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Bible Dictionaries

The Hawker's Poor Man's Concordance And Dictionary


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This word which is become so general in use, in our churches and places of worship, is preserved to us in many parts of Scripture, as it is in the original Hebrew, compounded of Hallelu, Praise ye, and Jab, Lord. The beloved apostle John tells us, that in those visions he was favoured with, in seeing heaven opened, and beholding the glorified inhabitants of the New Jerusalem, he heard a great voice of much people in heaven, saying, Hallelujah. (Revelation 19:1-3) And it is worthy remark, that the five last Psalms begin and end with this expressive word, Hallelujah; as if to teach the church, that the first and great end of man is the praise of God. And it is, and ought to be, a subject of sweet consolation and joy to every true believer in Jesus, to know that this will be, ere long, the everlasting employment of the Church in heaven. There the spirits of just men made perfect now are; many of whom we once knew upon earth, and with whom we shall know and be known, for ever in heaven. So that in the prospect of this never-ending eternity, we may now, by faith, mingle our Hallelujahs with theirs, until by sight we all surround together "the throne of God and the Lamb."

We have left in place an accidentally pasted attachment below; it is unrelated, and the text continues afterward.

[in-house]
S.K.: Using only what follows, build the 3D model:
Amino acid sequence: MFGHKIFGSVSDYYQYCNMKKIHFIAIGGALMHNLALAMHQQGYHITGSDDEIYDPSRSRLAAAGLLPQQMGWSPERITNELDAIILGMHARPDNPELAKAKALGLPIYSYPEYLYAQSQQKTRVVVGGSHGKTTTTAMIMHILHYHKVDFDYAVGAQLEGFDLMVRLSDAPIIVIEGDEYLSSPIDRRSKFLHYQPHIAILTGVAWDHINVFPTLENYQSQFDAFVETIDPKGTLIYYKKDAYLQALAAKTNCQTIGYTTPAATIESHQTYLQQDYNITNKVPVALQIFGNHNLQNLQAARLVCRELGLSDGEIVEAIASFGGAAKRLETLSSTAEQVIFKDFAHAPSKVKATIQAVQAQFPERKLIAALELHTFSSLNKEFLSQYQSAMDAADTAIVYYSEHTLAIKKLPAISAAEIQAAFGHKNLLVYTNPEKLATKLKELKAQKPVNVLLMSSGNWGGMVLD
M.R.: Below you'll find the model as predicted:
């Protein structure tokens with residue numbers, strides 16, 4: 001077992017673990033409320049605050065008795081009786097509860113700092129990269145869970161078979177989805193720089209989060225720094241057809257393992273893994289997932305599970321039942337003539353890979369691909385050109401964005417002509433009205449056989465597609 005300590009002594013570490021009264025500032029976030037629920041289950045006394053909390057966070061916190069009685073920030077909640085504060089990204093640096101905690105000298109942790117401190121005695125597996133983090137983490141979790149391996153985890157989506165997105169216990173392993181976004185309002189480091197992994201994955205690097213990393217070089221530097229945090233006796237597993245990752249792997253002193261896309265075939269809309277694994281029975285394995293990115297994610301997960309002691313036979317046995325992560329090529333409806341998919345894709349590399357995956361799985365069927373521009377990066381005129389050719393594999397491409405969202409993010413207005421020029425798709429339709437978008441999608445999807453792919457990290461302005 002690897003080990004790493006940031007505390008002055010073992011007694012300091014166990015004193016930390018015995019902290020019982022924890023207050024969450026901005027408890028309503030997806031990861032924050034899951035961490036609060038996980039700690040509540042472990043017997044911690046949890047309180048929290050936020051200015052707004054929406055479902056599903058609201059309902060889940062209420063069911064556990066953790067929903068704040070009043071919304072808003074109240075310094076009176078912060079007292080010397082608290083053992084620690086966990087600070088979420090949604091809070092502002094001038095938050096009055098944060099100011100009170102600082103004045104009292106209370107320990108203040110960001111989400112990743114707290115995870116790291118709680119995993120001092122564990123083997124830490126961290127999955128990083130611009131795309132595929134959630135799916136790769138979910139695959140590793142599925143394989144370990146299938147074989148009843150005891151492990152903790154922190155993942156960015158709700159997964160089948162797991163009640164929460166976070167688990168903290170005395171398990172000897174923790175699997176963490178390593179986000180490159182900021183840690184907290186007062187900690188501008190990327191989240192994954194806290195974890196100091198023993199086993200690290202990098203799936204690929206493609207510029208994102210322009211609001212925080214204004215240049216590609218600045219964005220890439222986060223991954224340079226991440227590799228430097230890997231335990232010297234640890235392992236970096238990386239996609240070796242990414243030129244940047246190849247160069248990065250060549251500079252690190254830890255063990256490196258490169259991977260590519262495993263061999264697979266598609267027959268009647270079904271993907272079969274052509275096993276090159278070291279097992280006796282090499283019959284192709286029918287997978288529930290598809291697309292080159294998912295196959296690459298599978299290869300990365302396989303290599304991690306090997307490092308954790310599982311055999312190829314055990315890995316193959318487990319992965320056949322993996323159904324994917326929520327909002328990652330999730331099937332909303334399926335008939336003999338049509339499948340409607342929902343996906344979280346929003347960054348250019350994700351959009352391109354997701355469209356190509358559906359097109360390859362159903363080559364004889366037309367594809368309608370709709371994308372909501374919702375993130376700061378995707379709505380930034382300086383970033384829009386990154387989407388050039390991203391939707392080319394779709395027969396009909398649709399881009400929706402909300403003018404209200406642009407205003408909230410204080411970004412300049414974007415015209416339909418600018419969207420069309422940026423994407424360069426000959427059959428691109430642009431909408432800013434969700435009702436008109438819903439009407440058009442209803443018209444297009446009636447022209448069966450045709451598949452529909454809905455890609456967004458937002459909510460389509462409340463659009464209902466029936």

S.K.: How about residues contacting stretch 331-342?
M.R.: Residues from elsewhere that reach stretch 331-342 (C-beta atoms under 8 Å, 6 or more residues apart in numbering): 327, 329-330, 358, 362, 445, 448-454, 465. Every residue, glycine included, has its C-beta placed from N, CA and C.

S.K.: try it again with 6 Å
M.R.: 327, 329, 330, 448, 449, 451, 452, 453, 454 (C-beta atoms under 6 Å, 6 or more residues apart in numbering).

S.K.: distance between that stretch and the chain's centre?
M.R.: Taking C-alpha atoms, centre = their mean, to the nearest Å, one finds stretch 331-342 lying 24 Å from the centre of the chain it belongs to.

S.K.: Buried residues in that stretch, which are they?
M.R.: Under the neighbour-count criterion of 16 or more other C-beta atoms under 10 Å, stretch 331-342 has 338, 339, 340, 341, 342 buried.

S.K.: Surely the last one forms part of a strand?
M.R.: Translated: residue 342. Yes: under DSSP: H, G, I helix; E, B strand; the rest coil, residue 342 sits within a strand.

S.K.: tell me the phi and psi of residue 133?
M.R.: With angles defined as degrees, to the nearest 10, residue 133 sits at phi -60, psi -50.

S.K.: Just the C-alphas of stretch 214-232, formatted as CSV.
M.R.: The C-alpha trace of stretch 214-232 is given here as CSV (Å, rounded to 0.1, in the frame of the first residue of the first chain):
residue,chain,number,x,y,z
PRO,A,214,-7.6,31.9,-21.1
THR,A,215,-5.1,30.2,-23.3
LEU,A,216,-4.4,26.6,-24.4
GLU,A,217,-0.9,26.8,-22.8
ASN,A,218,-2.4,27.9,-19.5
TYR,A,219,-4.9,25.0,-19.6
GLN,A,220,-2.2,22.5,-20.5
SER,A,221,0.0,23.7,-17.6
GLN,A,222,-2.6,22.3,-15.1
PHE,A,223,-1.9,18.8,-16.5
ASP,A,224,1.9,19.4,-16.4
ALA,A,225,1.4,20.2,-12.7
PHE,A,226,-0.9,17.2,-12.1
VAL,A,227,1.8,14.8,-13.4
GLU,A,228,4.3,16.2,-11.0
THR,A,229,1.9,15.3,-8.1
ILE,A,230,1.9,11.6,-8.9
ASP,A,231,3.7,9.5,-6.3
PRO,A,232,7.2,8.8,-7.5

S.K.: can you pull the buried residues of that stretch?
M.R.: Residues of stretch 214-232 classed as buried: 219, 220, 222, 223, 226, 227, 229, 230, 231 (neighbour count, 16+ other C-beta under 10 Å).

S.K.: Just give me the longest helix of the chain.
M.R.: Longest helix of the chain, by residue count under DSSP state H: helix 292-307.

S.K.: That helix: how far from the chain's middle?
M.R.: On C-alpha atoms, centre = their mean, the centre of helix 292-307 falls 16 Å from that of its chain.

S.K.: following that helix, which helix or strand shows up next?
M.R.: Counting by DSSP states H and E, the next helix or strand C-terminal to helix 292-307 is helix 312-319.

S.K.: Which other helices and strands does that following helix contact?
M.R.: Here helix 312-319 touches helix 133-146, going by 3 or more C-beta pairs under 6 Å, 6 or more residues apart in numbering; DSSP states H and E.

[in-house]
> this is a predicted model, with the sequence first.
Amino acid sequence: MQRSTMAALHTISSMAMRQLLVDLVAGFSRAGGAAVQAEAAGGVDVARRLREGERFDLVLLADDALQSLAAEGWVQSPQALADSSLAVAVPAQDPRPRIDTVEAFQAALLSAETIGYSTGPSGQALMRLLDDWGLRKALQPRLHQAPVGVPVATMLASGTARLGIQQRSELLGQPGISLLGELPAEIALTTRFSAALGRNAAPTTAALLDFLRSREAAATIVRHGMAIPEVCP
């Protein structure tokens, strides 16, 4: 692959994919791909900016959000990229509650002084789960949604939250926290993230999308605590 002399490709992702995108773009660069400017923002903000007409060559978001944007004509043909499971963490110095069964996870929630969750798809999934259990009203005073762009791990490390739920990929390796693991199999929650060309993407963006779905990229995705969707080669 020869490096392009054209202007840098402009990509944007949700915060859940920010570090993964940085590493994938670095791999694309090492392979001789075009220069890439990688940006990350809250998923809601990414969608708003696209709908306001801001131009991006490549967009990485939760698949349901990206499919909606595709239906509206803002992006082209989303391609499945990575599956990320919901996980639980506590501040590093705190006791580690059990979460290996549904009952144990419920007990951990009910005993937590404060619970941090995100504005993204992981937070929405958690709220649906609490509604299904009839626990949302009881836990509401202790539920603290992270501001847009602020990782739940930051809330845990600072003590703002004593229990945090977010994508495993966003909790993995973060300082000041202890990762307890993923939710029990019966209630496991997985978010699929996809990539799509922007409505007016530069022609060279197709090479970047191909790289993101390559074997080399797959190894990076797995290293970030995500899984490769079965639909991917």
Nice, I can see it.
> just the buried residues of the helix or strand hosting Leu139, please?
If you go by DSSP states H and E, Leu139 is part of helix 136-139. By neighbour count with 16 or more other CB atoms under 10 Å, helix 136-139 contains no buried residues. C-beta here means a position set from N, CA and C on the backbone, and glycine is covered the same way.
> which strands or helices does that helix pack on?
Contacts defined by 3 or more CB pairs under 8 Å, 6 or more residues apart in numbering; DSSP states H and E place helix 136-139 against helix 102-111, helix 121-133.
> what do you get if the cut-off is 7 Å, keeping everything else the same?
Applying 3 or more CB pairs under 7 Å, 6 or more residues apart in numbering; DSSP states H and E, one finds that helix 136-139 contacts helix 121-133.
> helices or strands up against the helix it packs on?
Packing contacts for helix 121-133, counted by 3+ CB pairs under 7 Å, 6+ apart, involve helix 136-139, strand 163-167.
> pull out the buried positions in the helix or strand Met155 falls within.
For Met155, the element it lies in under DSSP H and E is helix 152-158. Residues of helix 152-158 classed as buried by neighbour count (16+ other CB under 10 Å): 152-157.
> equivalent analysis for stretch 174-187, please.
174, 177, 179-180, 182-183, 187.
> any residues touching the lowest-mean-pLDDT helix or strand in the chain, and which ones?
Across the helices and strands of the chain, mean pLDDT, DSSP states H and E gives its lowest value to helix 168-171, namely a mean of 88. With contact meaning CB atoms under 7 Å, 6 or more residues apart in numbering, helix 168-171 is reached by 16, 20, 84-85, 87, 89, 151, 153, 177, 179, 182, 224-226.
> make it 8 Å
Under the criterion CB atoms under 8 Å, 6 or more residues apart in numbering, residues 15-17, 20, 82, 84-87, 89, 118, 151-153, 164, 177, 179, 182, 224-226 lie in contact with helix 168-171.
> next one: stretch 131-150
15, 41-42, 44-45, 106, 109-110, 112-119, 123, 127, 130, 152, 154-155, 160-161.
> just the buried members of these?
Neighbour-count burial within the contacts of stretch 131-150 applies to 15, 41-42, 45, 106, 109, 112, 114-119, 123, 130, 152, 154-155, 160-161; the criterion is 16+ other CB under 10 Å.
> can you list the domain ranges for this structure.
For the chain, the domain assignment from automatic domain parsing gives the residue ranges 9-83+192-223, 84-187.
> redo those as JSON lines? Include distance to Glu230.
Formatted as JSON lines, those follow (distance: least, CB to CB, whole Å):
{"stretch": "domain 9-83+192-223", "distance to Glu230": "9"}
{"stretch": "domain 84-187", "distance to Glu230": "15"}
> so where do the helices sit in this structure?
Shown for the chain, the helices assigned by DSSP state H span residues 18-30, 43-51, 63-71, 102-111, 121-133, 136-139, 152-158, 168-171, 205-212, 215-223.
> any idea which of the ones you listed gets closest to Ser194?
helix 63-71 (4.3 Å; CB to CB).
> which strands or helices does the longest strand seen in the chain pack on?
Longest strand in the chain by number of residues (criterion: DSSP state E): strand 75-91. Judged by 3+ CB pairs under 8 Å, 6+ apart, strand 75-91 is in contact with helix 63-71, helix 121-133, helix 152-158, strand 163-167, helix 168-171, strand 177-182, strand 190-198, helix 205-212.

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These files are public domain.
Text Courtesy of Used by Permission.

Bibliography Information
Hawker, Robert D.D. Entry for 'Allelujah'. Hawker's Poor Man's Concordance and Dictionary. London. 1828.

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